STAFF EDITORIAL: Enact smoking ban soon

Hang on for a minute...we're trying to find some more stories you might like.


Email This Story






Wisconsin has been given a lot of unappealing names recently. It is among the country's fattest states and boasts the highest number of drunk drivers. Wisconsin does not need to add "ashtray of the Midwest" to its repertoire. With the release of yet another report showing the dangerous air quality in Milwaukee, we believe it's time to again take up the issue of a statewide smoking ban.

The Wisconsin State Assembly choked on the issue last year — no pun intended. But with statewide bans in effect in Minnesota, Illinois and Iowa, as well as numerous other states and cities across the country, it is time for Wisconsin to finally move on the issue.

Studies conducted in other smoke-free states have found that smoking bans &mdash particularly those on a statewide level — have no discernible effect on business at bars and taverns. For example, a 2005 case study conducted by the non-profit Americans for Nonsmokers Rights found that both statewide and city-only smoking bans had either no economic impact or a positive economic impact once the law was in effect. A 2008 study reported in the Bismark Tribune found that smoke-free bars in Bismark, N.D. did more business in the quarter following that city's smoking ban. Revenue increased 7.2 percent at smoke-free bars and restaurants in the first quarter of the 2006 ban, as opposed to 3.2 percent in the previous quarter.

More than 30 states have enacted smoking bans and some have included provisions allowing establishments that make most of their money from liquor sales to be exempt from the ban. In Pennsylvania, bars and restaurants may apply for exemptions from the 2009 ban if less than 20 percent of their revenue is generated from food.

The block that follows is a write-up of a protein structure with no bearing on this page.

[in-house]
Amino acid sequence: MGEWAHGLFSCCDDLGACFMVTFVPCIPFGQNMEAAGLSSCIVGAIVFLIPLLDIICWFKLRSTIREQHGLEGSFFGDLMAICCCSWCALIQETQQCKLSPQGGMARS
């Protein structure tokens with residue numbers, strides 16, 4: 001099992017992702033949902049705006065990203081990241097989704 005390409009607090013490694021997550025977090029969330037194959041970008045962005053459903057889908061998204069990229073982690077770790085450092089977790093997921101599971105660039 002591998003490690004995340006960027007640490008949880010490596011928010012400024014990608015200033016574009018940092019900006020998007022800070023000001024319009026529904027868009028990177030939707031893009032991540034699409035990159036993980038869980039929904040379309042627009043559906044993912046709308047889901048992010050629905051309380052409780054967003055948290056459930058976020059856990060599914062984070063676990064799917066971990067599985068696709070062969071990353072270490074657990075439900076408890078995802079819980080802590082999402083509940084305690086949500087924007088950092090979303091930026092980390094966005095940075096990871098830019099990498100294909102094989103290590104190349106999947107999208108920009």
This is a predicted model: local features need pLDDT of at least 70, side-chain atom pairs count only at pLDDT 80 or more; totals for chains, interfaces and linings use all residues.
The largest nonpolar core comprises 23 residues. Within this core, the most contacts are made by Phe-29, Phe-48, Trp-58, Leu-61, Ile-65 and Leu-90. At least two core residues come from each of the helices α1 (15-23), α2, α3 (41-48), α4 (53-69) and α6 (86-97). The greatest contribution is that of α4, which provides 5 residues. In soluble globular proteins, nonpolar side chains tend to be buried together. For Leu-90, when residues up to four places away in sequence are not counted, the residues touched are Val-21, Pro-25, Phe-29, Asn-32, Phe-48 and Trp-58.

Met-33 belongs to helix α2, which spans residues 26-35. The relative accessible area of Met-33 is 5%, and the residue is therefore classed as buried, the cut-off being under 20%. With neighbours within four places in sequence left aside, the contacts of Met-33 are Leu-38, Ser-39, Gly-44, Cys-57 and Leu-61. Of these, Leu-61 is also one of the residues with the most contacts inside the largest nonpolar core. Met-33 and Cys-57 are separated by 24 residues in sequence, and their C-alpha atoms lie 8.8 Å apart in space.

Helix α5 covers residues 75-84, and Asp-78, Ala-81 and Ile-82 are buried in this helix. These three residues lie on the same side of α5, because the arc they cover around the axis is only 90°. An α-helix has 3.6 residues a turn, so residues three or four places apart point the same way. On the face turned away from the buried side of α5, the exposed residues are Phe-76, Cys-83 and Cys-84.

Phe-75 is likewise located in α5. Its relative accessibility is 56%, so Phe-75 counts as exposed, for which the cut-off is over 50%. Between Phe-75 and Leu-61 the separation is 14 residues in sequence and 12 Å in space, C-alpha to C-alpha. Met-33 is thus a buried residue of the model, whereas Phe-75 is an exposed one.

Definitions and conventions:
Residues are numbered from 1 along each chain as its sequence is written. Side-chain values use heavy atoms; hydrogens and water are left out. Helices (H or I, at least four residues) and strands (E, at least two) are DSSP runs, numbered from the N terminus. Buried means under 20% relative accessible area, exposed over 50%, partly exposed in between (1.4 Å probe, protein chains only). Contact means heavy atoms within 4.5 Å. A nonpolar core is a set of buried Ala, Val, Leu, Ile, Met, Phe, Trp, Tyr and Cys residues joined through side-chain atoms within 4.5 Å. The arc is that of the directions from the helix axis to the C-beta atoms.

City officials have expressed reluctance to establish a smoking ban in the City of Milwaukee, arguing that it would hurt the local economy by encouraging smoking residents to take their business to one of the many nearby suburbs. While the aforementioned Americans for Nonsmokers Rights study highlights a lack of evidence to support this fear, we understand the city's hesitance to do anything that might discourage business in the current economic state. The ban would be more effective and receive more support if legislated at the state level.

Each person has the right to choose to smoke. We do not support denying anyone that right. What we do support is a ban on forcing non-smokers to inhale the toxins via second-hand smoke. The hazards of smoking and, more concerning, of second-hand smoke inhalation have been well documented. The evidence overwhelmingly supports the notion that we would all lead healthier lives if smoking was limited to well-ventilated, outdoor areas.

In the absence of a smoking ban, Marquette should increase its enforcement of the "20-foot rule." The chalked lines that were drawn a few months ago seemed to remind smokers to respect the right of other students to walk out of their residence or class sans the cloud of smoke. But with the lines washed off and all of the cold weather, students that smoke seem to gather closer and closer to the door. We would appreciate if Marquette would paint the lines on the pavement, or maybe ask DPS to remind students if they see them breaking this rule.

It is time for change. Before Wisconsin is again tagged as the region's ashtray — or worse, as the country's lung cancer capital — let's do something about it. Let's pass a statewide smoking ban this year and all breathe a little easier.

Print Friendly, PDF & Email